It started out somewhat bumpy, but the Apple cloud has gained in reliability over time. And as Macs get smaller and iOS devices get more prominent, it’s time to seriously consider moving our main directory we use every day into the cloud . And iCloud Drive is a serious candidate to do that.
My colleague Cristian Rus has already told us his reasons for doing so: very adaptable prices, easy integration with all the applications in the Apple ecosystem… but at the same time that iCloud Drive presents us with certain advantages, we also have to take into account some of its weaknesses. So here are some tips to help you start using it responsibly .
Activate it everywhere
First and foremost, make sure you have iCloud Drive enabled everywhere and that all your Apple devices are compatible . When you only have it enabled on some devices and not on others, that’s when confusion and problems start.
Do not copy large amounts of files in one go
Admittedly, iCloud is less efficient than Dropbox in that respect. If you want to copy several GB of files to iCloud Drive, it’s best to do it by “chapters” and make sure everything has been dumped correctly before continuing. I have witnessed people who want to copy hundreds of GB to the raw , and their Macs are completely blocked with their processors working at 100%.
Make sure that the copies to iCloud Drive have been made correctly
I insist on this point: Finder includes progress bars and icons that indicate that the copies and modifications of files that you have added to iCloud Drive are not yet finished. Be patient and wait until it is over before you force anything . Think that this is not a simple copy: iCloud Drive copies and also encrypts all the files that we dump on its servers for our security.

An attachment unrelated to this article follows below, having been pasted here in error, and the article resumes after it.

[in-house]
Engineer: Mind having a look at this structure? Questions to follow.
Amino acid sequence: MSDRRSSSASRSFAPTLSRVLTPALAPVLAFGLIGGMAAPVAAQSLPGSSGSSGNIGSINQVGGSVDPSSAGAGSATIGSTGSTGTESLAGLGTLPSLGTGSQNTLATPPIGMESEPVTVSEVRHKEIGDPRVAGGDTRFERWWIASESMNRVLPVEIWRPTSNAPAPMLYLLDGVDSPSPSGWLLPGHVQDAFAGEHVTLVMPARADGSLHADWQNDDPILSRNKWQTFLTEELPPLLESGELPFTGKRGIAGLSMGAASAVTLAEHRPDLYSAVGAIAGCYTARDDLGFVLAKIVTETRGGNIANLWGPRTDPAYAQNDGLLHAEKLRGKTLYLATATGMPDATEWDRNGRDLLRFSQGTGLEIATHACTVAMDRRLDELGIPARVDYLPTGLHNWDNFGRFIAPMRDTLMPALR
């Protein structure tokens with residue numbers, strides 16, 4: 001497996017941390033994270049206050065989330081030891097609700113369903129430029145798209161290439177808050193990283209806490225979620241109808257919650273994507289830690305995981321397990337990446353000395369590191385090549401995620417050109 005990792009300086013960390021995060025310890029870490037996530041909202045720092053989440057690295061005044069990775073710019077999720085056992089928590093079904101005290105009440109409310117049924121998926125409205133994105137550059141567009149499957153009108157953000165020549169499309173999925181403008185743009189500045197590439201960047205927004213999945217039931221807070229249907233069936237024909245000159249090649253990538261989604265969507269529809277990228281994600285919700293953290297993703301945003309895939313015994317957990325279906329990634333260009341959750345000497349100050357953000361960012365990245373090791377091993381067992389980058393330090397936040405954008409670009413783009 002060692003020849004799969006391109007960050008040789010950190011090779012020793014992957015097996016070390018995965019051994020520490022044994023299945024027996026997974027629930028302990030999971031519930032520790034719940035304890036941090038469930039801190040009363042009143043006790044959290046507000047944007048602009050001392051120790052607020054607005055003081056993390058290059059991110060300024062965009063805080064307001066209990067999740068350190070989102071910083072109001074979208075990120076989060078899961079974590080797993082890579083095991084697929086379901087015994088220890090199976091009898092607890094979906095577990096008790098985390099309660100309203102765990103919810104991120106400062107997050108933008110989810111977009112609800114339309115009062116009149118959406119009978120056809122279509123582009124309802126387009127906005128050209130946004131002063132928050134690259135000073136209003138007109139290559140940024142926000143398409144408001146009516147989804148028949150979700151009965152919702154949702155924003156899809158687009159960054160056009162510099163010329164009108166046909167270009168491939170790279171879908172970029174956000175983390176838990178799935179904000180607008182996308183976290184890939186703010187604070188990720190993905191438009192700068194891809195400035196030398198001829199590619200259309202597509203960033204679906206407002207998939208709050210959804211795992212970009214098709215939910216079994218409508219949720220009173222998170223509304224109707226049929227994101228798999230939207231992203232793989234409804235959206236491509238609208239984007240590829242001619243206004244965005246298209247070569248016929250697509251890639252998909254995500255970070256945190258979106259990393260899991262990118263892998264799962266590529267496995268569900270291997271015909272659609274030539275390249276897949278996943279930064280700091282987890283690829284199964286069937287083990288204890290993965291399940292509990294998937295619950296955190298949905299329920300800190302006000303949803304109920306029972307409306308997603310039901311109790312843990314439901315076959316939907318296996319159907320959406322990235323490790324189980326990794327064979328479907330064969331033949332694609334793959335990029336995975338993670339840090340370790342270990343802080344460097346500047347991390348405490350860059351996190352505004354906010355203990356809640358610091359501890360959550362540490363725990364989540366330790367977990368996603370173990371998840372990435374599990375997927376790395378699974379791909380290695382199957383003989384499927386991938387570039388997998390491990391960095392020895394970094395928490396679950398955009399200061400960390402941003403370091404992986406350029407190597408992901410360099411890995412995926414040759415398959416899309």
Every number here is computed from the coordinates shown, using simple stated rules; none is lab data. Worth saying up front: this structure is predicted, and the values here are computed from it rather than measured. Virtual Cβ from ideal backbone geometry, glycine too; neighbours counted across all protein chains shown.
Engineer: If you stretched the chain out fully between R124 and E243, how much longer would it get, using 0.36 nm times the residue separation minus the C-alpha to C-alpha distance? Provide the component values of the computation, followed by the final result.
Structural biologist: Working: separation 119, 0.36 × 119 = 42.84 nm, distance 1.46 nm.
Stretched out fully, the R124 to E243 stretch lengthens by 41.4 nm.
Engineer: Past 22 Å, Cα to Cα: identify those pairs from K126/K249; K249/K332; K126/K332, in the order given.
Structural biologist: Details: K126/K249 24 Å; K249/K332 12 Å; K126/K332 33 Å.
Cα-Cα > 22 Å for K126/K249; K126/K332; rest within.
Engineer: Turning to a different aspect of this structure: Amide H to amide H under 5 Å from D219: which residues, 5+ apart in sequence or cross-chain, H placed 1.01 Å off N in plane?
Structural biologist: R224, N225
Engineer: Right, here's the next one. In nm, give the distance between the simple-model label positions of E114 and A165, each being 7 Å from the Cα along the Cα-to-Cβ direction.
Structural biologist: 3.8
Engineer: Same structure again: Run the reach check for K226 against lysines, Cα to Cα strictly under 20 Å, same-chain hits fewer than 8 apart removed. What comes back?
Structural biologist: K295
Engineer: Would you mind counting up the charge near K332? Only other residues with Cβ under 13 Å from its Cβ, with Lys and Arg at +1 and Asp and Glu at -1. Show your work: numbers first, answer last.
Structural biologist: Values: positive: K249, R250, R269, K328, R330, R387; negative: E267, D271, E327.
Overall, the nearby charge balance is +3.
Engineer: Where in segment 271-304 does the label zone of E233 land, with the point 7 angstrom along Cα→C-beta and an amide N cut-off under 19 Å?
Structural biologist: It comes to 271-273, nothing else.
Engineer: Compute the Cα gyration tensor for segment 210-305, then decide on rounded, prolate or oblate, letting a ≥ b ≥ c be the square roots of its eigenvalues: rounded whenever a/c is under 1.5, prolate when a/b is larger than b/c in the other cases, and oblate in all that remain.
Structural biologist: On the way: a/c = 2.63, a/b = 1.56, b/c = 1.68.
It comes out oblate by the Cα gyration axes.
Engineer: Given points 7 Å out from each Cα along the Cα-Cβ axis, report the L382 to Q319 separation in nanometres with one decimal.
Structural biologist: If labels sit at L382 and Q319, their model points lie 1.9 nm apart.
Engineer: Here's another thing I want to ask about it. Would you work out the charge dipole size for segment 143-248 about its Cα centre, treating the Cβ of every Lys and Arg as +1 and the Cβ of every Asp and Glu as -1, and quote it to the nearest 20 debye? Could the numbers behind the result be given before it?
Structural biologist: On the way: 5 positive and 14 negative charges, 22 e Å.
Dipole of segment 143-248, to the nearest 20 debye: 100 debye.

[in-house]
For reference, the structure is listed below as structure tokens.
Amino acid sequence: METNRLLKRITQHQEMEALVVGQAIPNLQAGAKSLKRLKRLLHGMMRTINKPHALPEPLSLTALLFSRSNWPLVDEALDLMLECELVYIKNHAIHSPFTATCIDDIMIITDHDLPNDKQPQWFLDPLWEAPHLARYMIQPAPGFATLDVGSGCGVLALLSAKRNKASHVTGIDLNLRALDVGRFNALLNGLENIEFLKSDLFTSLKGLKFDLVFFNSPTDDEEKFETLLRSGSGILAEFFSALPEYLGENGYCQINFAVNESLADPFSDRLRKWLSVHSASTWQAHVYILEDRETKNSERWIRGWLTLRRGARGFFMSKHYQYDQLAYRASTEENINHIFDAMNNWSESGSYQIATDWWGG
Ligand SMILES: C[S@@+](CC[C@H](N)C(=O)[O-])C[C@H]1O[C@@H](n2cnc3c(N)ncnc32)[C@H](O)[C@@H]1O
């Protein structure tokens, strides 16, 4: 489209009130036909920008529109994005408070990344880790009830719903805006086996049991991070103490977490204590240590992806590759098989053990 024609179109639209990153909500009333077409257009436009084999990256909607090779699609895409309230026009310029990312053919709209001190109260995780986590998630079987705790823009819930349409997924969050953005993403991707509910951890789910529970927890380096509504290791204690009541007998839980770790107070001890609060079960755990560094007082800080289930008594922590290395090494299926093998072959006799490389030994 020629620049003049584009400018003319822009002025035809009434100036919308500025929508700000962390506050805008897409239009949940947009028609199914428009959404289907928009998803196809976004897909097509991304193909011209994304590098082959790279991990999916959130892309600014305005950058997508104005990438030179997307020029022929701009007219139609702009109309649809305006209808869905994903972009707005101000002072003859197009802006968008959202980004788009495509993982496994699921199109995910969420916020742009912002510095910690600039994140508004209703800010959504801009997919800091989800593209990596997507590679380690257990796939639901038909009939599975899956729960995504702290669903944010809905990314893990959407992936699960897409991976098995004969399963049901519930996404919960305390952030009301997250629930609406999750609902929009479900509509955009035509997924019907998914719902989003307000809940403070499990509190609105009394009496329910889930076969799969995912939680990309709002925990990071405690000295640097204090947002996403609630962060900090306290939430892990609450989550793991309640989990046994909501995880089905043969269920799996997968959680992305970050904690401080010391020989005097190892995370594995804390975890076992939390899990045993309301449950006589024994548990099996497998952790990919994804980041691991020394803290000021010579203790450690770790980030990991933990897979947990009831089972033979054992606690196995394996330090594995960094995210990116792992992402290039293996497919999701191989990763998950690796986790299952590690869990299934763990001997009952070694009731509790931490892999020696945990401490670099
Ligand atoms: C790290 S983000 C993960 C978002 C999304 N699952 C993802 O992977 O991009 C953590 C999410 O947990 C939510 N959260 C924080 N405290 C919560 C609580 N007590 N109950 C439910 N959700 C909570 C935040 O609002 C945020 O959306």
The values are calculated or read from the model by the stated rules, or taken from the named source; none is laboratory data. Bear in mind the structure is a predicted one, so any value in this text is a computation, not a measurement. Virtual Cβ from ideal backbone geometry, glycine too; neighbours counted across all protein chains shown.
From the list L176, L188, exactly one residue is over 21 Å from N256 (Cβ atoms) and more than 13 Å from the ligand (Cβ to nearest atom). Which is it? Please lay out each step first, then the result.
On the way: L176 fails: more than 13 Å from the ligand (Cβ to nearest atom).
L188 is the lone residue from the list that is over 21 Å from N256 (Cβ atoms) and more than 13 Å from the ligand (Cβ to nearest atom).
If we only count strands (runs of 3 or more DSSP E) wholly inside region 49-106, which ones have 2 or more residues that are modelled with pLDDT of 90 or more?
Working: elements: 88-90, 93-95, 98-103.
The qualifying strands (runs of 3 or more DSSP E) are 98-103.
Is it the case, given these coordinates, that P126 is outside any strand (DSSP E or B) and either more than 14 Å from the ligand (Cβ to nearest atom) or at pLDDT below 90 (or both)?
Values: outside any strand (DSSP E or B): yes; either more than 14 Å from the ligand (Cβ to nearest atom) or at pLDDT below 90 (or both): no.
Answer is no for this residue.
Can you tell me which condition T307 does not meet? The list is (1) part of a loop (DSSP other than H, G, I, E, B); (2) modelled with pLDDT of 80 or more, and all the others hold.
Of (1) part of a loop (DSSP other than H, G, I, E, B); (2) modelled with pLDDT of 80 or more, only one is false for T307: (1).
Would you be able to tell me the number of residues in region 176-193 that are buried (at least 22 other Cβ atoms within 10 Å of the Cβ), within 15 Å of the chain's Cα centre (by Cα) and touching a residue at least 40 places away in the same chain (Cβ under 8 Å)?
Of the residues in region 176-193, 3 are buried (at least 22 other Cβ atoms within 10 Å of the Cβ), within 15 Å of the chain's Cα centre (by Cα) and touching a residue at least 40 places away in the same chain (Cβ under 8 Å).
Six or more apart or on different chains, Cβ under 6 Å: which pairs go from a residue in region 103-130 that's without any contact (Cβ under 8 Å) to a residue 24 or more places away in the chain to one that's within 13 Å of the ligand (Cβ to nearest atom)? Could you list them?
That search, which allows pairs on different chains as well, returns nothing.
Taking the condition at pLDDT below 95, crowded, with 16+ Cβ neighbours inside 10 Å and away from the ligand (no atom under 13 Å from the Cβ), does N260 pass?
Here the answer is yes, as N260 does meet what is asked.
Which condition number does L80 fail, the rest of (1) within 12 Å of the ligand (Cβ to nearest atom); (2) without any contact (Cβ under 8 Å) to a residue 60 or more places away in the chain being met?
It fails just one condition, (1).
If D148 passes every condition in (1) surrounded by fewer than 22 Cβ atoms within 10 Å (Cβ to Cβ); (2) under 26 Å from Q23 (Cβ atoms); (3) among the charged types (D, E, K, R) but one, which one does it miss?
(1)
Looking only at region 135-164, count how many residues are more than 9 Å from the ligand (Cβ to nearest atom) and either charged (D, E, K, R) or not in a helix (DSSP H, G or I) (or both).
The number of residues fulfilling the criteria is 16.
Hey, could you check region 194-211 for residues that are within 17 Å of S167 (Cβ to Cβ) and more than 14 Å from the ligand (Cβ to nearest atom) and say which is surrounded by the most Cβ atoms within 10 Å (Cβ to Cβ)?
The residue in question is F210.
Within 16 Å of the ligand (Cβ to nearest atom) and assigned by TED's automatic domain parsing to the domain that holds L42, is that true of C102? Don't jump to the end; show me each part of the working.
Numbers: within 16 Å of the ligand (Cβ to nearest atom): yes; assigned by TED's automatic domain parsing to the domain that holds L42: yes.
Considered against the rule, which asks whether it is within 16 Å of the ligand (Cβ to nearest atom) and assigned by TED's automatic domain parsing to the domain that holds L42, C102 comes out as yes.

No, the free 5 GB is not enough
If you really want to switch to using iCloud Drive as your main directory for your files, be aware that with the free 5 GB offered by Apple you won’t have anything to start with . Think that there you must also save the calendars, contacts, emails, iOS device backups, the photo library in iCloud, WhatsApp conversations … and that takes up most (if not all) of those 5 GB.
Fortunately, payment plans are not limited to “pay me 9.99 euros a month or nothing” as they are at Dropbox. You can spend 0.99 euros per month and have 50 GB, which is already enough space for those who simply want to save documents . That’s enough space for most Mac user directories, for example. And for two euros more a month, you already have a respectable 200 GB a month that is already more ambitious.
Dropbox can be a “cloud” backup for the most critical files
…or vice versa. Do not exclude other cloud services because they are competitive . Dropbox and Google Drive can be excellent tools for backing up what we have on iCloud Drive.
Simplify and save what you really use
Apple añade un nuevo plan de almacenamiento en iCloud Drive: hasta 2 TB para tus archivos
There’s no need to grab your Mac user folder and dump it directly onto iCloud Drive. That’s a bestiality. Find what you really want, what you really want to have on hand. If you do, you’ll see that many files can be saved locally as “storage” and reduce the demands on cloud storage. And let Time Machine take care of backing up that “warehouse”.
Any Mac can be a backup drive
Do you want extra security? Because you have everything on iCloud Drive and can therefore access it from anywhere, you can also use any Mac you have on hand as a “store” for files and cloud folder backups. It can be a good way to save you the trouble of accessing your content in case iCloud suffers a power outage . This is less and less the case.